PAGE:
- Warn Others ~ if you are in a bad mood and you can not do anything to shake it, at least be kind and warn others so they know not to take your emotional cues personally.
- Put It In Perspective ~ when all else fails, put it in perspective. Will this situation seem critical a week from now? A month from now? A year from now? Ten years from now?
- Volunteer ~ giving your time is a great way to feel better about yourself as well as helping others.
- Take Up a Hobby ~ take the time to do something you enjoy doing; this will help to balance your life when stressful situations arise.
- Eat Healthy ~ a balanced diet will give you the energy you need all day (unlike the highs and lows sugar and caffeine produce).
- Sleep Well ~ tired and cranky is no way to go through life. Reward yourself by getting into bed early.
- Get In Touch ~ physical contact is a great stress reliever. Hug your family, hold hands or cuddle with your significant other, or play with the family pet.
- Work Out Regularly ~ exercise drastically reduces stress while at the same time making your body more physically fit.
- Get It Off Your Chest ~ bottling up feelings just increases stress. Talk to a sympathetic friend or write your feelings down in a diary or a letter to yourself.
- Schedule More Fun ~ pleasurable activities are important in life, plus they give you something to look forward to while going through the stressful times.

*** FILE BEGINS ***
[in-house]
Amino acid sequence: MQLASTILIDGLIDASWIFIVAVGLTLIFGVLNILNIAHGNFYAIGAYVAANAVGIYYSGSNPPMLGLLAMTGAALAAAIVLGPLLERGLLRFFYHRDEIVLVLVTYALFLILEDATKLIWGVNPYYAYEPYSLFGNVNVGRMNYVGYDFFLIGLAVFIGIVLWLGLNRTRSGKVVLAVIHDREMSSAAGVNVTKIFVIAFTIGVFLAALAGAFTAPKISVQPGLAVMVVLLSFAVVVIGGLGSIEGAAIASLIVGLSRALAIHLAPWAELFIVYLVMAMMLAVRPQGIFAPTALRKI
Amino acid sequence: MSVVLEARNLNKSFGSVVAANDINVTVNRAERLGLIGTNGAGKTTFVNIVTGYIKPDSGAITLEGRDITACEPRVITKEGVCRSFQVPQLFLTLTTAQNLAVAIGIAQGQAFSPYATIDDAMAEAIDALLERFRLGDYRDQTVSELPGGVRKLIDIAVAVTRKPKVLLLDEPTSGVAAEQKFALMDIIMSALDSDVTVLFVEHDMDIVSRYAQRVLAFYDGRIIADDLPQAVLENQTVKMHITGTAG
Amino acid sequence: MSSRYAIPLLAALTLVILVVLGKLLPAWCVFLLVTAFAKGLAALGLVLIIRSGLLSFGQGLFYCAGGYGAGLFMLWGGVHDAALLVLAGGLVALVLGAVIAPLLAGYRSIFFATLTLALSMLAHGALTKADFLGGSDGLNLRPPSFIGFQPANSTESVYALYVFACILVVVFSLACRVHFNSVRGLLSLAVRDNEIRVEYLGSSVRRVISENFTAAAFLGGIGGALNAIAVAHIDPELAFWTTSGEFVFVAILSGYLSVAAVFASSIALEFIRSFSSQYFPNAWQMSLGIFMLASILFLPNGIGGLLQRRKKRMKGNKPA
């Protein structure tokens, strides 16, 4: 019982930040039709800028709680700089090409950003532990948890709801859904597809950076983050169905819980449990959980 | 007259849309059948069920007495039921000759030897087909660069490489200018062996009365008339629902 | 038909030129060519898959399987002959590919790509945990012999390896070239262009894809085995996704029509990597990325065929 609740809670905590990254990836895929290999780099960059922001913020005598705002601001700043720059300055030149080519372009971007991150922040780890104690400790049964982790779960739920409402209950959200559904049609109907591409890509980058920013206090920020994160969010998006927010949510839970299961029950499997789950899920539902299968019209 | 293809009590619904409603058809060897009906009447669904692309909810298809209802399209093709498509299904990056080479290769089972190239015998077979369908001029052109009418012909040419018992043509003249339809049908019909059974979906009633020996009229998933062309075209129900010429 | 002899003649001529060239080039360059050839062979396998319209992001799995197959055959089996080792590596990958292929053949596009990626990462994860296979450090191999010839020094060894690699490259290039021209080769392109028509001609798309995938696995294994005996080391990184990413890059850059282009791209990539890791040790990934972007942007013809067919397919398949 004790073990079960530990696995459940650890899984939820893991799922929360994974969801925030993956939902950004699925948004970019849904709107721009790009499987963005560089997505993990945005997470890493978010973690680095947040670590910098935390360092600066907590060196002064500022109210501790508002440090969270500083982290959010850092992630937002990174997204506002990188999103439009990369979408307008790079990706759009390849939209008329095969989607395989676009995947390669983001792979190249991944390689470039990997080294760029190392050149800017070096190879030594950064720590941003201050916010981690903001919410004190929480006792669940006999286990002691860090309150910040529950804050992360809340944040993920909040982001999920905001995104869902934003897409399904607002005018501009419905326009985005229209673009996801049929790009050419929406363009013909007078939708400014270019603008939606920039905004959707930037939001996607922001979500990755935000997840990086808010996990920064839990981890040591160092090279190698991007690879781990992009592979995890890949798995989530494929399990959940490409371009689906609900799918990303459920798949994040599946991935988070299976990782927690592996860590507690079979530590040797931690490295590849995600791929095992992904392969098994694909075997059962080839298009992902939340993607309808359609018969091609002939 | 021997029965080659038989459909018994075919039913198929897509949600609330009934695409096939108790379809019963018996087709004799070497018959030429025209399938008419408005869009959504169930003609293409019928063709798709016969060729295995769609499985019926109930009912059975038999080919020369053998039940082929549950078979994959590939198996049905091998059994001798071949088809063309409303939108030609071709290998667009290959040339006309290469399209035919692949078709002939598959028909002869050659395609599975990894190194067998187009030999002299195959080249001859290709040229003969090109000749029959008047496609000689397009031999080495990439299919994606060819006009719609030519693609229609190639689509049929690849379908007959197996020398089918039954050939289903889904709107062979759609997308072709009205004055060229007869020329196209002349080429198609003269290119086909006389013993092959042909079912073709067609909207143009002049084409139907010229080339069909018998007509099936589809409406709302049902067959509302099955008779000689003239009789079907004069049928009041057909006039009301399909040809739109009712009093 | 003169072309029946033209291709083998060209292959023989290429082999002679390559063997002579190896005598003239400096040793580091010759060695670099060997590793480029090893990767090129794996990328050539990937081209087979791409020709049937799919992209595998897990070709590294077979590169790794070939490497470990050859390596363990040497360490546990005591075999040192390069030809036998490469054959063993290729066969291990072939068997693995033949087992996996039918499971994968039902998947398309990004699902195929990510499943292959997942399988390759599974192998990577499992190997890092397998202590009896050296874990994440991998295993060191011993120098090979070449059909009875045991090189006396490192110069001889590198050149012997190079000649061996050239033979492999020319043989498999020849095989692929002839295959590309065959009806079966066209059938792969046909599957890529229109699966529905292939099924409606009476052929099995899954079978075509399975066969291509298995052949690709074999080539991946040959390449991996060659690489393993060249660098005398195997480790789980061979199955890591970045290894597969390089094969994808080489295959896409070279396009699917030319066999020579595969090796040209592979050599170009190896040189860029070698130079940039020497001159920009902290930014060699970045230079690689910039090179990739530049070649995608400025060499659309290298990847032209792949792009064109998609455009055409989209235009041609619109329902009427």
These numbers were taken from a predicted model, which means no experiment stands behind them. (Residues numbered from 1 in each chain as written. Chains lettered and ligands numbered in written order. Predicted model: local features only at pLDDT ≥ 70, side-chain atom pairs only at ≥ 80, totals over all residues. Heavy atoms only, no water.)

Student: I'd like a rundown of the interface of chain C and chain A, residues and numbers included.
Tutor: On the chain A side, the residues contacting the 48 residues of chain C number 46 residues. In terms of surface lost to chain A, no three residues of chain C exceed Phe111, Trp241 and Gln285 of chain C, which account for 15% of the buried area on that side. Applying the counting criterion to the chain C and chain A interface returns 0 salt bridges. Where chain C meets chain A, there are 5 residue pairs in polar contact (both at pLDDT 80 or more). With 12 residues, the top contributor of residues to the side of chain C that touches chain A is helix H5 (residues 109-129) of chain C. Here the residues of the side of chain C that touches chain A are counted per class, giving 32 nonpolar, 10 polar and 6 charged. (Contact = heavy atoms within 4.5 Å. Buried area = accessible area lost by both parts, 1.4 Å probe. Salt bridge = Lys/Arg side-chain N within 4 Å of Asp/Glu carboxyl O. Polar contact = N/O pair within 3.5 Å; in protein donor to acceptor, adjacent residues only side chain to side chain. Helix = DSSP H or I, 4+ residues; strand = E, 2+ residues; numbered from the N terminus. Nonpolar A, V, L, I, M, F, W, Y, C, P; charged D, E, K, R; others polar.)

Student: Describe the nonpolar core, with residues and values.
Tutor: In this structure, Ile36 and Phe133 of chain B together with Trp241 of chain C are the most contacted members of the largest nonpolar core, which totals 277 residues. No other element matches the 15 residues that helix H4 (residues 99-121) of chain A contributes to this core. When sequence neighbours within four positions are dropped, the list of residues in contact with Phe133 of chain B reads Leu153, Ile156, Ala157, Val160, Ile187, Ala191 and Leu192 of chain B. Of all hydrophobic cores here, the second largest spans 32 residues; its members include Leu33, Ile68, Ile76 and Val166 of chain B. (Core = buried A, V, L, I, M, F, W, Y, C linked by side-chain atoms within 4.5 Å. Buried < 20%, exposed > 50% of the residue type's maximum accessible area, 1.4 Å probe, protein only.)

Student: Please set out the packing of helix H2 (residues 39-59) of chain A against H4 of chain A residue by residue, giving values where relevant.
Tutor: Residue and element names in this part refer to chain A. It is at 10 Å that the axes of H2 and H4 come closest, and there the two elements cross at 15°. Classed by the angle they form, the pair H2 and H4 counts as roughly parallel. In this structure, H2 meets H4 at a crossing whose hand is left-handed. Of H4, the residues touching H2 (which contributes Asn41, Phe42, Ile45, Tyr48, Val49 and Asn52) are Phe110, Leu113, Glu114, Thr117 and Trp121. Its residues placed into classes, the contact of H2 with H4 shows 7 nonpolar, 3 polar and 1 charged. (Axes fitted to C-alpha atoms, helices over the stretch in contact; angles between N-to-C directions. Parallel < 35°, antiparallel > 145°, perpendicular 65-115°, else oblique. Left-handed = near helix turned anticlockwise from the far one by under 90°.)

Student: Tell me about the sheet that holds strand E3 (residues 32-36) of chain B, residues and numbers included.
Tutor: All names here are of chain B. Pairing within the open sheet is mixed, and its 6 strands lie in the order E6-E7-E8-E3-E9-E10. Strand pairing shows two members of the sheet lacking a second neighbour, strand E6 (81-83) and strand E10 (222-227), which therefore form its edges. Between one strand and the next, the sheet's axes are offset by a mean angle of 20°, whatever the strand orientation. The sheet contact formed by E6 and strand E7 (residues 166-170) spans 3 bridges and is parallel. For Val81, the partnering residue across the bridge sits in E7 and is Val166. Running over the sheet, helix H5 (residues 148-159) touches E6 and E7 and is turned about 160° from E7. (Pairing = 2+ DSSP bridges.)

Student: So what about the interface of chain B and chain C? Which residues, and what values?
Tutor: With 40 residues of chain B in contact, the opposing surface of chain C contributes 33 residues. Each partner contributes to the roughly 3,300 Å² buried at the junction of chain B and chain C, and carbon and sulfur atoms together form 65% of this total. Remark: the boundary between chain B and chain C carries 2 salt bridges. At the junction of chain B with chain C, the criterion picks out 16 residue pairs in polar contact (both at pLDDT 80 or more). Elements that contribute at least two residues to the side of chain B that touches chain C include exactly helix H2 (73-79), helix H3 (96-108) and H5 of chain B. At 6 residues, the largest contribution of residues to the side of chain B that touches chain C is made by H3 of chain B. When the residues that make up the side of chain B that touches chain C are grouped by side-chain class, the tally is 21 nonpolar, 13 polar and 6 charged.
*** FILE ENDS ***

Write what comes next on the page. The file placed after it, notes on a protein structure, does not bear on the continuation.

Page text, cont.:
- Say "No" More Often ~ giving up unrewarding activities can eliminate stress. Examples include refusing inappropriate requests and turning down invitations from people you do not enjoy.
- Solve It ~ if there is a specific situation which is causing stress in your life, take two steps back and analyze the problem. There may be a solution and by solving the problem you will eliminate the stress. And when all else fails, I find a walk around the corner to get a Reese's Pieces Ice Cream Sundae can work wonders!
Q: Dear Mannersmith ~ Recently, I was at an expensive restaurant and the experience was terrible. The service was bad, even though the place was half empty, and the food was just so-so. I left a 5% tip. My wife said that was just mean. What should we have done?